Coping With Taking Public Transport
It’s around rush hour on a Thursday morning, and I have to take the bus to an appointment. I manage to snag one of the last seats, next to a thin, average-looking man in his 30s who somehow looks like a realtor to me. As soon as I sit down, it starts.
Ever so insidiously, that feeling of being watched, noticed and judged creeps over me. People are packed into the double bus like sardines — there’s no possibility of employing my usual tactic of sitting quietly alone in the back today. I start to feel fidgety, and in the eight minutes it takes to go two stops to my destination I can practically feel all the things the other passengers must be thinking about me.
I start to get fidgety, trying to adjust my clothes ‘just right’ so that I look my best/thinnest. I worry that my hair is sticking up oddly or my roots need bleaching already, or that the guy sitting next to me is annoyed that he got stuck sharing a seat with the only plus-sized person on the bus.
If my bike wasn’t in the repair shop this would be a lovely 15-minute bike ride in the June sunshine. Why did it have to be broken? If I put on some music right now, will I be bothering Mr. Realtor while he’s reading his newspaper? Then he’ll be really annoyed. I’m trying not to sit close enough to crowd him, but now I’ll bet my butt is hanging over the edge of the seat. The people behind me must love that.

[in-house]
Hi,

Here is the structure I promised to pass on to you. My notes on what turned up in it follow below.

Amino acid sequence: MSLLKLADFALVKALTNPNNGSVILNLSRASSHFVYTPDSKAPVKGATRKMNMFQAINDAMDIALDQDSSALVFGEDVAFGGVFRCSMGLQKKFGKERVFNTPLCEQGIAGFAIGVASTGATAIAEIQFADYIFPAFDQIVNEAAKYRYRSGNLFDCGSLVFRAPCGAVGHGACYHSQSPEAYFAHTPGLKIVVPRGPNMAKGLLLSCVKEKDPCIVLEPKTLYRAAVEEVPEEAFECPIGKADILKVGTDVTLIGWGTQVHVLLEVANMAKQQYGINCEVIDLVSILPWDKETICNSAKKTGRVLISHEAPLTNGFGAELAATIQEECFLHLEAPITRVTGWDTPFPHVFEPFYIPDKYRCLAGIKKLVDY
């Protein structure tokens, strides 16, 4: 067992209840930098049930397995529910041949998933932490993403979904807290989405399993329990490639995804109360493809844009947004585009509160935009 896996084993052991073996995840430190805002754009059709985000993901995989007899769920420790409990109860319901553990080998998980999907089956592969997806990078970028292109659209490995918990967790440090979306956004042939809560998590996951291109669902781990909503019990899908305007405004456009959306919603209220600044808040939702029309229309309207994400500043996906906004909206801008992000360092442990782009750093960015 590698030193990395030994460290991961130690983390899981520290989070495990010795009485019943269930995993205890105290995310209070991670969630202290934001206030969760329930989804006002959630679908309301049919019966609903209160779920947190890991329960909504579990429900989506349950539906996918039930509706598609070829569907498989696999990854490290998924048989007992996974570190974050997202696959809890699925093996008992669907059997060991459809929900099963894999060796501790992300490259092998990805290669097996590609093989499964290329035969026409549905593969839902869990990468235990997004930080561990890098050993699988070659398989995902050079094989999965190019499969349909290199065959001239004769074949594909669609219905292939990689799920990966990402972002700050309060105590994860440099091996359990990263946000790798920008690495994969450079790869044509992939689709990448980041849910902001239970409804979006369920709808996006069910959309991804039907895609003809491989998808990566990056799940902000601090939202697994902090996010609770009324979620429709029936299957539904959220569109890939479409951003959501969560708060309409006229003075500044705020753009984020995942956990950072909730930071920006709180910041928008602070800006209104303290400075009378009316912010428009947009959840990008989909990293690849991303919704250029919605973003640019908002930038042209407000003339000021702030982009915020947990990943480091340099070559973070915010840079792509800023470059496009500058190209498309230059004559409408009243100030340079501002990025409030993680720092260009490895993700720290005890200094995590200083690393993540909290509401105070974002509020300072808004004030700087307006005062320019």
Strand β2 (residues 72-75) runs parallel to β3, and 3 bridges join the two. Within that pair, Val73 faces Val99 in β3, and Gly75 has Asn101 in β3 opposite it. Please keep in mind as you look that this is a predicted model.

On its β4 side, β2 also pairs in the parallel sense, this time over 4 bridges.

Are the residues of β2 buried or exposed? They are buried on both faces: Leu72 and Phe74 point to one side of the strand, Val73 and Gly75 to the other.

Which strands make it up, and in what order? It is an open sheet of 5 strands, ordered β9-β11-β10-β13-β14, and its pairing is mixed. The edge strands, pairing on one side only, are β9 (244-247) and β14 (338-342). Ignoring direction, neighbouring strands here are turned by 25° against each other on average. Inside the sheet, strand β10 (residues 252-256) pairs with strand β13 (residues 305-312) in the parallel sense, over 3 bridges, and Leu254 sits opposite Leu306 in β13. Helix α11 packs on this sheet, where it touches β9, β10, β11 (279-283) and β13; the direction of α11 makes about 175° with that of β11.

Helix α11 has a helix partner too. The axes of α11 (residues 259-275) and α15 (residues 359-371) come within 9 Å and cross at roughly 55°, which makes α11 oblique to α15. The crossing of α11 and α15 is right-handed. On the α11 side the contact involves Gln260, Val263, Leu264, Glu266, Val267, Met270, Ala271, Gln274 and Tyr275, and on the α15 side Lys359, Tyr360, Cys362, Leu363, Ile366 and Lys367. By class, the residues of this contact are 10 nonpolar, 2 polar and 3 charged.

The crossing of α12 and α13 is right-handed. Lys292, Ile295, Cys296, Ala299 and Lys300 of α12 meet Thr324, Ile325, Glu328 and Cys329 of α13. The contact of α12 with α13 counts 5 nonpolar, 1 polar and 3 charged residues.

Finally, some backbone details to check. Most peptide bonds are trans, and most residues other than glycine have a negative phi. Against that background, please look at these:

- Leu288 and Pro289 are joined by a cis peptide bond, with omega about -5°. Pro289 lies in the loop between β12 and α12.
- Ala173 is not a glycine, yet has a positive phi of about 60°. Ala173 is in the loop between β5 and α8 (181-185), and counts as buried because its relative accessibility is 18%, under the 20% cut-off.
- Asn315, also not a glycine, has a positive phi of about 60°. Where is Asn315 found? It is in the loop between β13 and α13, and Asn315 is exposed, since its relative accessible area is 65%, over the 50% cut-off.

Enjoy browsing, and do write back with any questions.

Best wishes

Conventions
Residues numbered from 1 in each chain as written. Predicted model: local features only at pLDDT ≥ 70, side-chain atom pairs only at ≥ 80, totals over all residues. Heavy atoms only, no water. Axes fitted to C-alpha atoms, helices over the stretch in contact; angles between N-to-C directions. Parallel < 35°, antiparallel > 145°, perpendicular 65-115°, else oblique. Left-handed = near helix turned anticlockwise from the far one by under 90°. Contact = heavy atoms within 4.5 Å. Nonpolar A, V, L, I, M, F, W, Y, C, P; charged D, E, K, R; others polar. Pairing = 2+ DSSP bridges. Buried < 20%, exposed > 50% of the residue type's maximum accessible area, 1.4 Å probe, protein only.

I take out my phone and check my email just to look like I have something important to do. What doesn’t kill us supposedly makes us stronger, but I really, really wish I weren’t getting quite so big a dose of ‘strong’ right now.
Finally the bus glides to a halt in front of my stop. I gratefully inhale its exhaust as it pulls away, and walk to my appointment (with my therapist) where I will spend the next hour gratefully relaxing in what has become a very comfortable and familiar place. Today I have other problems to discuss with the therapist, so my anxiety over the bus can wait til the next appointment, but I know what he’ll tell me anyway.
He’ll remind me that this scrutiny I feel is perceived, and I know he’s right. I tell myself that all the time, everywhere I go. Social anxiety stems from the feeling of being scrutinized, though in many cases we’re not even noticed, let alone judged.
This is not to say, “It’s all in your head,” because that’s dismissive and makes the symptoms sound imaginary, and anxiety should never be treated that way. I can tell you firsthand that there’s nothing made-up about it. The feeling of being judged and criticized by others, regardless of whether or not you’re actually being judged and criticized, is very real and serious.
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